Venture capital financing has played a huge role in the success of high-growth companies over the past few decades. Instagram, Uber, and Snapchat are just three relatively young winners of venture capital (VC). Earlier examples like Amazon, Facebook, and Google are as simple as ABC.
But will venture capital be as relevant to the Bitcoin economy as it is to the giants of Silicon Valley?
In the second episode of the CambrianSV series of debates, CoinGeek’s Charles Miller pit two heads from the Bitcoin bootcamp in Lisbon to discuss their cases and share their views on the matter. Aaron Burns, CFO of the social media platform Twetch, and Jackson Laskey, venture capitalist for Unbounded Capital, faced each other in a heated meeting.
From the start, Aaron favored a return to angel investors over VCs, insisting that venture capital would be of “very little concern” in the Bitcoin world. He pointed to the sour taste felt by many in Silicon Valley when startups worked hard just to “bring three fat cats in with a smooth conversation and get you to sign a contract and get 35% of your business.” give away for peanuts ”. If the company then fails, it is charged with returning the cash.
Jackson preceded his opening argument by noting that the room was right to criticize the way some venture capitalists, particularly in Silicon Valley, operated up to that point. Still, he insisted it would be a mistake to leave VCs out of the equation, “similar to the mistake of anyone running their own node or the mistake of” decentralizing everything “that somehow destroyed Ethereum.”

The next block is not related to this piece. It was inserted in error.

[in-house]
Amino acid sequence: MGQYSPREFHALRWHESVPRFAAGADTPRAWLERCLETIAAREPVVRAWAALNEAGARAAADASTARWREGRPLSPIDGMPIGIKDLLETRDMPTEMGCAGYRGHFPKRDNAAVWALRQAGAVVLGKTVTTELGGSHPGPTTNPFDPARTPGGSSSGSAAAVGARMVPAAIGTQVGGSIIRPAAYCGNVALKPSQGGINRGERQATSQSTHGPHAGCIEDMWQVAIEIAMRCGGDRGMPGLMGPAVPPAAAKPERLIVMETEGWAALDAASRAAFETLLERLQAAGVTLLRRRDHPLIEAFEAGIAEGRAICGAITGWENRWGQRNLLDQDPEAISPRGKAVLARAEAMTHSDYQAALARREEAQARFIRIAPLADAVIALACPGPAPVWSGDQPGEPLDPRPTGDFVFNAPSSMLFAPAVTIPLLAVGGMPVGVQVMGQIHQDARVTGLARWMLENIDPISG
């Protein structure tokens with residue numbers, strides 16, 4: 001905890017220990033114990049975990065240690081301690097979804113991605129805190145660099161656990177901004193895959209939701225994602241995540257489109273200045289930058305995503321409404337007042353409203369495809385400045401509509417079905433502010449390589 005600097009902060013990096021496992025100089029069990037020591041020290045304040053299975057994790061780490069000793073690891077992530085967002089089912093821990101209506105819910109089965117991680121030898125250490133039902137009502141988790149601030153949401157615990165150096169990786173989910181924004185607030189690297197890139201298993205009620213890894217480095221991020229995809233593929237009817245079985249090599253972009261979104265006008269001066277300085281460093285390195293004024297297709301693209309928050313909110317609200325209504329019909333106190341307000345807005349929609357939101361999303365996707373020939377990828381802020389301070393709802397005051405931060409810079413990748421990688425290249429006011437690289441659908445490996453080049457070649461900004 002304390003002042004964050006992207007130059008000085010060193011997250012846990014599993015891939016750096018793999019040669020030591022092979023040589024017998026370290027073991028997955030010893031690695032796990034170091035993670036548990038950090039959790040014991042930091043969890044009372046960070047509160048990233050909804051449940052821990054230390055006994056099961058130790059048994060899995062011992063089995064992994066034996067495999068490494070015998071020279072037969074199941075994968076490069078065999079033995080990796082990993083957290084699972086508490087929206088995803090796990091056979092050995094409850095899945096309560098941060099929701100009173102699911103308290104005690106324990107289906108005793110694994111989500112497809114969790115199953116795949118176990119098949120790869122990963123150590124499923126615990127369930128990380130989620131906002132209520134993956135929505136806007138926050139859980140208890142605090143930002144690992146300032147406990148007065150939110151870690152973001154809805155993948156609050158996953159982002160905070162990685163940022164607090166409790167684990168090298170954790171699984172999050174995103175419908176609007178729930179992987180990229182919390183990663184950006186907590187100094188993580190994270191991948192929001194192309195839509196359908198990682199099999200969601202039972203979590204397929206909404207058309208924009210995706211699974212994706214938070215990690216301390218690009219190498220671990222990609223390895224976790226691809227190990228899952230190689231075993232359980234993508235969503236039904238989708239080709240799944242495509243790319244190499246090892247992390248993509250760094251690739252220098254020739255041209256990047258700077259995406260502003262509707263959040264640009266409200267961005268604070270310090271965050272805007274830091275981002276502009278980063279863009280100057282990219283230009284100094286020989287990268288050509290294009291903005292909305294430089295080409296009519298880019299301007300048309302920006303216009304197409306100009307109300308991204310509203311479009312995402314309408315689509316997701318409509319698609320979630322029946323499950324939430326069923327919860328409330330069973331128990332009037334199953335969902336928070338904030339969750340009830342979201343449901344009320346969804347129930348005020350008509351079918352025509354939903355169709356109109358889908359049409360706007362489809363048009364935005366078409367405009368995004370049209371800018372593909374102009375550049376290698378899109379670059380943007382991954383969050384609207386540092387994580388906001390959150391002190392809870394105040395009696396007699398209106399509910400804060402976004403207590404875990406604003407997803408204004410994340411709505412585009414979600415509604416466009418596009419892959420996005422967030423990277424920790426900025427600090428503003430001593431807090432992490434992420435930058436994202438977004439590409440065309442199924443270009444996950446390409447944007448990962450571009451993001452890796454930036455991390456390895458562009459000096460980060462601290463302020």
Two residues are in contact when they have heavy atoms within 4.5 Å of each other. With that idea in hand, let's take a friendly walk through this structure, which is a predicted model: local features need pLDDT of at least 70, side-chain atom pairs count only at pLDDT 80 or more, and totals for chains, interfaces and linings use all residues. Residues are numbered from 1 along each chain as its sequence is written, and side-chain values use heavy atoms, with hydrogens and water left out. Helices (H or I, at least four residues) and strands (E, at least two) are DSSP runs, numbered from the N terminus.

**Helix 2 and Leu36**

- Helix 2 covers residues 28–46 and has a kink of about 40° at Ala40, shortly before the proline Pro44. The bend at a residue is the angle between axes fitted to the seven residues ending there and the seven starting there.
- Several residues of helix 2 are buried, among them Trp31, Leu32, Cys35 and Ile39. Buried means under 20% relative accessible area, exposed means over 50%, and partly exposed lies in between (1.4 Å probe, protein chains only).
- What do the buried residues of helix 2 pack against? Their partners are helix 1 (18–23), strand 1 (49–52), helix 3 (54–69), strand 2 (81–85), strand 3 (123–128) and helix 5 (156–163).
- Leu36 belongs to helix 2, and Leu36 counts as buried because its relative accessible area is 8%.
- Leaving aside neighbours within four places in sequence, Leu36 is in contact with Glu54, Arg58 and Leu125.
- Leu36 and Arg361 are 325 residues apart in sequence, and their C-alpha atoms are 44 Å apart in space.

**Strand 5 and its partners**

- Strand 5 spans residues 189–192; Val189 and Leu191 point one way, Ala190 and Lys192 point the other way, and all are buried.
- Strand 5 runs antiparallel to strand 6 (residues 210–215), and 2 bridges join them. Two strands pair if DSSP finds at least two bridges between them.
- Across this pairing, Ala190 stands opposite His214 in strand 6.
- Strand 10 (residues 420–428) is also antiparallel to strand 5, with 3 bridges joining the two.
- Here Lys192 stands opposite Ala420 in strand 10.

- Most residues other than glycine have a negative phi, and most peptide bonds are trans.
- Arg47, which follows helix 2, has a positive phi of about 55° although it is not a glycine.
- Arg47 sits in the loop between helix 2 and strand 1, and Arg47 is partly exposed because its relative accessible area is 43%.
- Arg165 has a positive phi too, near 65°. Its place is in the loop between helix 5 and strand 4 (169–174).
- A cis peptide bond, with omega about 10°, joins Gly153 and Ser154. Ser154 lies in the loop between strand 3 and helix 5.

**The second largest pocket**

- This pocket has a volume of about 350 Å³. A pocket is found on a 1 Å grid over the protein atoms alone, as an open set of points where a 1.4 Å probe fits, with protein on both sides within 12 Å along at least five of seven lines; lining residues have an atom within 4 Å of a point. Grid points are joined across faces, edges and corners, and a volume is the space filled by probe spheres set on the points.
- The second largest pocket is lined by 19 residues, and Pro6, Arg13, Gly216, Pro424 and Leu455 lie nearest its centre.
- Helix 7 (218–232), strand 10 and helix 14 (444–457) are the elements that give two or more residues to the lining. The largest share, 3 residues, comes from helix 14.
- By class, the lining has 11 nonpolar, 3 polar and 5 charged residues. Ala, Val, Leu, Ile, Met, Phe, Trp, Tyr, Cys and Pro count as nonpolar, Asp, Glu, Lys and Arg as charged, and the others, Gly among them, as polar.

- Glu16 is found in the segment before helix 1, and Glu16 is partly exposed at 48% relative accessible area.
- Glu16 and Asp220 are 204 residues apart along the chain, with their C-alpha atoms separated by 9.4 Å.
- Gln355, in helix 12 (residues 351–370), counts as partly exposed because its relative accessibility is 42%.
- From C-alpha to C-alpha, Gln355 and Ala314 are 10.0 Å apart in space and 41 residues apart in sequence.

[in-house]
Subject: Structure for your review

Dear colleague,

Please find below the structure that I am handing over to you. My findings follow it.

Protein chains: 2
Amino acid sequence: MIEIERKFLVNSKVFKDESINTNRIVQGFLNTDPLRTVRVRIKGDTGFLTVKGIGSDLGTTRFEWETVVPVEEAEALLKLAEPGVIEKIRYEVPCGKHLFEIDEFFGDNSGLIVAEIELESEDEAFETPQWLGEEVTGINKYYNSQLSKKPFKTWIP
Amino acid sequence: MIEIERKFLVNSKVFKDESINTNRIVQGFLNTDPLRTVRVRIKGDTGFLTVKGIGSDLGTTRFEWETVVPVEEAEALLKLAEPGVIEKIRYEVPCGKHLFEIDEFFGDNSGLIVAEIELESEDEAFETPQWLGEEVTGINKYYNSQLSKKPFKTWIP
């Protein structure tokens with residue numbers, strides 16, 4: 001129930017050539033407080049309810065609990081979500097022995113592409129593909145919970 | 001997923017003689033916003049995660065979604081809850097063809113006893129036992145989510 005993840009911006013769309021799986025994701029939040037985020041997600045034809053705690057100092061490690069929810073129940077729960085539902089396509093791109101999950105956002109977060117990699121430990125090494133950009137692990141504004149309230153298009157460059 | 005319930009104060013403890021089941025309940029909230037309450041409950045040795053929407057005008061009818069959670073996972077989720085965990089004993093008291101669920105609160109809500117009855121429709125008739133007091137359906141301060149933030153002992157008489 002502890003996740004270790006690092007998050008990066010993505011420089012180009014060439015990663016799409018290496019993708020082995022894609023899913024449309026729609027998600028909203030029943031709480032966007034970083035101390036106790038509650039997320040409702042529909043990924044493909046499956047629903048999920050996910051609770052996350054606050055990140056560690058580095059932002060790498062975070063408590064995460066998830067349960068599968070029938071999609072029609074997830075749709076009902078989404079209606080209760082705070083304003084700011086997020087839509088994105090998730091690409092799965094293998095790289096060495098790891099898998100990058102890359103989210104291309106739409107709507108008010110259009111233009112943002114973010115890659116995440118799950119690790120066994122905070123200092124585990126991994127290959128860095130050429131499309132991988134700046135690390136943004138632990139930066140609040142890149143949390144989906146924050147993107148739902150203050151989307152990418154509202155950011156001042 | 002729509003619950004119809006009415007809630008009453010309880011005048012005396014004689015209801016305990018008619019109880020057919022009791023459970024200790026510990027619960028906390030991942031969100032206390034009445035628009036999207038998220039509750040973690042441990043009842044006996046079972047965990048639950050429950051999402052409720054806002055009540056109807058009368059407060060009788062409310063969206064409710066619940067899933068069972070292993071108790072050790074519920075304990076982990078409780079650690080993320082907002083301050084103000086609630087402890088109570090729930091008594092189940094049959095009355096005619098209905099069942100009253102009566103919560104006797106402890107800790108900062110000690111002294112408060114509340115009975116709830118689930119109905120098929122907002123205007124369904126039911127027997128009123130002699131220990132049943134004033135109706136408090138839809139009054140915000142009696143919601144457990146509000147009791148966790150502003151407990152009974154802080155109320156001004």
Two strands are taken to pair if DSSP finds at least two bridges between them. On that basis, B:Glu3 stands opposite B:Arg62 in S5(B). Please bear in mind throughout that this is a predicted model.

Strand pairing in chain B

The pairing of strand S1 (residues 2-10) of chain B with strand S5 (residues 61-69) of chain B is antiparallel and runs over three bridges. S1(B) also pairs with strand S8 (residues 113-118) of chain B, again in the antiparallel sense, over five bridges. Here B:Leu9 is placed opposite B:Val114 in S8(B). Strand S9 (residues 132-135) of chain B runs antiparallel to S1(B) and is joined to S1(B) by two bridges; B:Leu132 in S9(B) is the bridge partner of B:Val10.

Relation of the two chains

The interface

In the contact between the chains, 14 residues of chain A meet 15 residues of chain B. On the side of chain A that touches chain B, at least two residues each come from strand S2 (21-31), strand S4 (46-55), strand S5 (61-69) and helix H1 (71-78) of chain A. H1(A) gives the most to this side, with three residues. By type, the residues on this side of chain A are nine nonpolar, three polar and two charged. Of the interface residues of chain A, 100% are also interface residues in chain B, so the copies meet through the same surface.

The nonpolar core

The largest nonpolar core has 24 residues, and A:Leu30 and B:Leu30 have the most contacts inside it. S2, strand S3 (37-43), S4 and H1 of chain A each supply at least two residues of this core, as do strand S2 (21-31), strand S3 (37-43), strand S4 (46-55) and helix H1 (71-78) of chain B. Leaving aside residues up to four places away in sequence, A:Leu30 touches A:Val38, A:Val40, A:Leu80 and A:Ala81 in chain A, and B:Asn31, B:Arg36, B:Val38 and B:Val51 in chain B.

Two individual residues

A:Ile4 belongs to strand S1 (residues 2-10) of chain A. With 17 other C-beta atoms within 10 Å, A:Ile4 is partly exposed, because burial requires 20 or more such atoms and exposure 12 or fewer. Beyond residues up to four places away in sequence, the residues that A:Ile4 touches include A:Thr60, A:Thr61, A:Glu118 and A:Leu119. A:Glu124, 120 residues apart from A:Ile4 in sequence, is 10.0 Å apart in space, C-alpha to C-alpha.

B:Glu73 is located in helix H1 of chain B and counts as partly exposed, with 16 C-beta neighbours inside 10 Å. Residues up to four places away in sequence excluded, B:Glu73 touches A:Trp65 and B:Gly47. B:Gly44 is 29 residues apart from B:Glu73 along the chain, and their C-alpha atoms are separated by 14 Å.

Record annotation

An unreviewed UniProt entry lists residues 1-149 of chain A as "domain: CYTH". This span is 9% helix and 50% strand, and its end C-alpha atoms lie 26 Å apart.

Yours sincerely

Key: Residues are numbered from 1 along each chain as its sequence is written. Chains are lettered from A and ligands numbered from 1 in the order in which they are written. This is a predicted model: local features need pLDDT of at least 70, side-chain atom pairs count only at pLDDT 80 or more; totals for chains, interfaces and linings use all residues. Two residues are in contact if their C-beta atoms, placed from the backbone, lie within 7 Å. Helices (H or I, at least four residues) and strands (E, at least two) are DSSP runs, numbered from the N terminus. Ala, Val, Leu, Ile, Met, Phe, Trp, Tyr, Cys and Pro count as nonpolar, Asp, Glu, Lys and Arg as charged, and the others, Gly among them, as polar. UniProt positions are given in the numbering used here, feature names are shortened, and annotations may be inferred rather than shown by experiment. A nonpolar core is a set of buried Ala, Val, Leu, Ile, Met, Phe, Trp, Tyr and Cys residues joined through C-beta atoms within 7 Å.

The heat rose when Jackson tried to suppress Aaron’s reasoning by stating that angel investors are the same as venture capitalists. Aaron replied quickly and proclaimed the VC industry as wolves in sheep’s clothing. or as he put it, VCs “Place bet on a million horses and they rigged the entire game for themselves”.
Charles brought the debaters back to the central question of whether the Bitcoin economy will allow startups to get rid of the need for VCs. Aaron pointed to the number of millionaires in the Bitcoin world and thus the possibility of finding investors who have a real interest in the future of those they are behind with their money. And while Jackson recognized that the lower development costs associated with building businesses in chains could enable people to generate revenue faster, that was far from the reality of turning into profitable entities.
Jackson stated that it is the job of VCs to identify companies that are less risky than the market perceives. Speaking to a room of people who have chosen to build on BSV, Jackson said, “Don’t you think everyone in the world will say this is crazy? It’s incredibly risky. You are building on an industry that is not yet established. They don’t build on the main chain. But I’m here and I know there is no risk in building on BSV … I can give you money at a cheaper price than almost anyone else. “
It seems that the risk is in the eye of the beholder.
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